In my last article I discussed Candlewick items which were completely encrusted or plated with gold. Space did not permit mention of some other pieces found with gold decorations. These seem to fall loosely into three categories: gold bands, gold designs and gold beading.
Several collectors have found Candlewick boudoir items, powder jars and perfume bottles which have wide flower-etched bands encrusted with gold. The band covers the round part of the lid or body of the piece. One set shows a wide etched band placed between narrow gold bands. The neck of the perfume and wafer at the base of the finial on the lid are also gold while beads around the bottom and the finials are clear.
It has been authenticated by Imperial Glass Company that Candlewick boudoir sets were made in the early 1940's for Irving Rice Company, New York. The sets are not shown in any Candlewick catalog. but ads for them are in several Better Homes and Gardens magazines. Our illustration, No. 1, is from the July, 1944 issue and shows a set of puff box and two perfume bottles on a 400/151 tray which has a mirror. Probably the puff box was a 400/19 sherbet or dessert dish fitted with a 3-bead lid. The bottles were probably adapted from the 400/27 Ball Bud vase to which a 4-bead ground stopper was added.
Mary Wetzel, Candlewick researcher and author sent a picture of a lovely 3400 9" goblet with an etched gold top band. Narrow gold bands appear underneath the wide band and around the foot while the entire body of the goblet has a very fancy etched design. This goblet has the Type I stem in which the beads seem to flow or blend together and are not separated by wafers (no. 2).
Two very beautiful buffet sets with gold decoration have been reported by collectors. One set is the 400/9266B (no. 3) which consists of a 400/920 14" plate and a 400/66B early style compote, no beads in the stem. This set has a gold design of two very realistic roses with leaves (no. 3, top) which is repeated three times around the plate. The other buffet set is 400/94 consisting of a 400/92D plate and a 400/84 6½" divided bowl. Six gold-encrusted designs are spaced around the plate (no. 4, right) while the bowl has four.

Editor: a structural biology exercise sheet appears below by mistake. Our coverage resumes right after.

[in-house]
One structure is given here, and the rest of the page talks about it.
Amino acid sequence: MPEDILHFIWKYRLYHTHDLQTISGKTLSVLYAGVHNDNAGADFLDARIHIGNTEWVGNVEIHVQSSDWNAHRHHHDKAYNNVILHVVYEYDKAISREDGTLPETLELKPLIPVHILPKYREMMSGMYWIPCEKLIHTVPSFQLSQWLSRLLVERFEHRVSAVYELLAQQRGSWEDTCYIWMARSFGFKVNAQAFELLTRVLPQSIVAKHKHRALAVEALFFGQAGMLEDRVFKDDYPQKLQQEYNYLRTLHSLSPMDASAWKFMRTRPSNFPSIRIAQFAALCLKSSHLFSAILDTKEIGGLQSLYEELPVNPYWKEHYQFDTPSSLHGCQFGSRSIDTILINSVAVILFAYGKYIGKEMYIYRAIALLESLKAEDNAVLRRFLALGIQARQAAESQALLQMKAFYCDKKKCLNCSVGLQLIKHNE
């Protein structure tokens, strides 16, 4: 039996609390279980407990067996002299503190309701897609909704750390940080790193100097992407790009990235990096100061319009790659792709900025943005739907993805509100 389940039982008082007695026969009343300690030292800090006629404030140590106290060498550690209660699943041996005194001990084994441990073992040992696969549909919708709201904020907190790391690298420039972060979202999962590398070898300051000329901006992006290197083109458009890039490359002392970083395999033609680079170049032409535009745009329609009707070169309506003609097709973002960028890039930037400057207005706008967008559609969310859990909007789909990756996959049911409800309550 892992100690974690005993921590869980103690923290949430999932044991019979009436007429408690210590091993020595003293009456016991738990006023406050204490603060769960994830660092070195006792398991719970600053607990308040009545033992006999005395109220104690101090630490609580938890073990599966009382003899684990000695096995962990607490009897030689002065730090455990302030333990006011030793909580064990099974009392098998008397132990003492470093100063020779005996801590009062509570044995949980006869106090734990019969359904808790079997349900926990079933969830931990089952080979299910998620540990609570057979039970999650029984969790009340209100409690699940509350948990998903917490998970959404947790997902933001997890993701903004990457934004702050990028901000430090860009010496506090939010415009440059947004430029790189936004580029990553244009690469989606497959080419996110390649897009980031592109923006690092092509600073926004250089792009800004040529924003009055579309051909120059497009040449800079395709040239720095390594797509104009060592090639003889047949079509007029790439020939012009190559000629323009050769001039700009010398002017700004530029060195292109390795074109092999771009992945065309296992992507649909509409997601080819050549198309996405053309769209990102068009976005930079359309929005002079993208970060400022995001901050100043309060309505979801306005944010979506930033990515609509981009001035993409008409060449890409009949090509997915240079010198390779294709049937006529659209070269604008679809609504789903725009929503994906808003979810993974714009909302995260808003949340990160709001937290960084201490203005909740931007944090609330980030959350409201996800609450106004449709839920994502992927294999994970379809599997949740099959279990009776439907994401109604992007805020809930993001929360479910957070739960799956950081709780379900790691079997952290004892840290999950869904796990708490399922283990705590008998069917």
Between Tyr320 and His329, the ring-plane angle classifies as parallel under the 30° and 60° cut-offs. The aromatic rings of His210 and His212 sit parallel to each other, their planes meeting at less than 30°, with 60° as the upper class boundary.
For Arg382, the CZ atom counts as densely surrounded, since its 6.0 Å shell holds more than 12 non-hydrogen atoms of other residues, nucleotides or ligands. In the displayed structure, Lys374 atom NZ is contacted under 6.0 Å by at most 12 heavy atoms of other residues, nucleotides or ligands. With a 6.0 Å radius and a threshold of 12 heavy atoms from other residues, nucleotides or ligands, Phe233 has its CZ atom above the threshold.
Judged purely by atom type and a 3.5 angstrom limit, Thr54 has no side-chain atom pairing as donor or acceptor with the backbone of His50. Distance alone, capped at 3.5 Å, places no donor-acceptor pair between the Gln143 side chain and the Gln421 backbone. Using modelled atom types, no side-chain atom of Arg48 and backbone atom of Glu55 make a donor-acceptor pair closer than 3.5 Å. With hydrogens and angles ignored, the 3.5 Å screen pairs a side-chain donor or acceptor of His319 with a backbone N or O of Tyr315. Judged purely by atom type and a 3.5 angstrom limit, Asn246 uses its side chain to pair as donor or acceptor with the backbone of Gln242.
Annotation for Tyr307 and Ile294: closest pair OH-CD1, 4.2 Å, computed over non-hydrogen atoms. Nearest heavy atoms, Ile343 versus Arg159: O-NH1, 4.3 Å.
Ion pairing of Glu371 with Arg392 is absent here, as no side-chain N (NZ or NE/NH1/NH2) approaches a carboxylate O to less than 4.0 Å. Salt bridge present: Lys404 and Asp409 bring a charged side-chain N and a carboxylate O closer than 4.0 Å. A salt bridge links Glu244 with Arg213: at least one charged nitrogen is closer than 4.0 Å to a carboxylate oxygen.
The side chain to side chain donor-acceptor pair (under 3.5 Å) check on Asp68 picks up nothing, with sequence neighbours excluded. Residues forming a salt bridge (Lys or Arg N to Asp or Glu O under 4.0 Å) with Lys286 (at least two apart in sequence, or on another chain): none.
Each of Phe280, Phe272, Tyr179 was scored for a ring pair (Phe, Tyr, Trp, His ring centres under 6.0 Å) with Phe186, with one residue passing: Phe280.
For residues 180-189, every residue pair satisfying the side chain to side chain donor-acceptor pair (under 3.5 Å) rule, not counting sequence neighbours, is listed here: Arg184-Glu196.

The designs are etched tulips and daisies and small gold flowers extend from each design toward the rim and center of the plate. Nothing is known about the origin of these sets, whether the design was put on by Imperial or of the date they were made. I think It is safe to guess that other such sets are out there somewhere and will turn up someday.
Candlewick with gold beads seems to be fairly plentiful. It is believed that gold beads were put on in the 1940's. No gold beads are mentioned in Candlewick catalogs, but a 1948 Imperial brochure entitled "Imperial Candlewick Gifts. Hand Fired, Bright Gold Decorated" is in Imperial files. This brochure shows sets of eight different small Candlewick items packaged in transparent plastic packages, square, oblong or cylindrical boxes. Square boxes, no. 6 and no. 9, held eight 400/19 salt dips or two sets of 400/109 individual salt and pepper shakers. Cylindrical or tube boxes, no. 8, were used for sets of four 400/440 or 400/19 ashtrays or eight 400/64 individual ashtrays. Oblong boxes were packed with four 400/176 square ashtrays or eight 400/78 coasters (no. 7) or 400/61 2" salt dips.
Quite a few other pieces with gold beads have been reported. These include cups and saucers, 400/37; cigarette boxes (no. 5, right) and oblong ashtrays; 400/29/30 cream, sugar and tray sets; an early style 400/1112 relish and dressing set with 400/89 jar; 400/89 marmalade set (no. 5) and many bowls.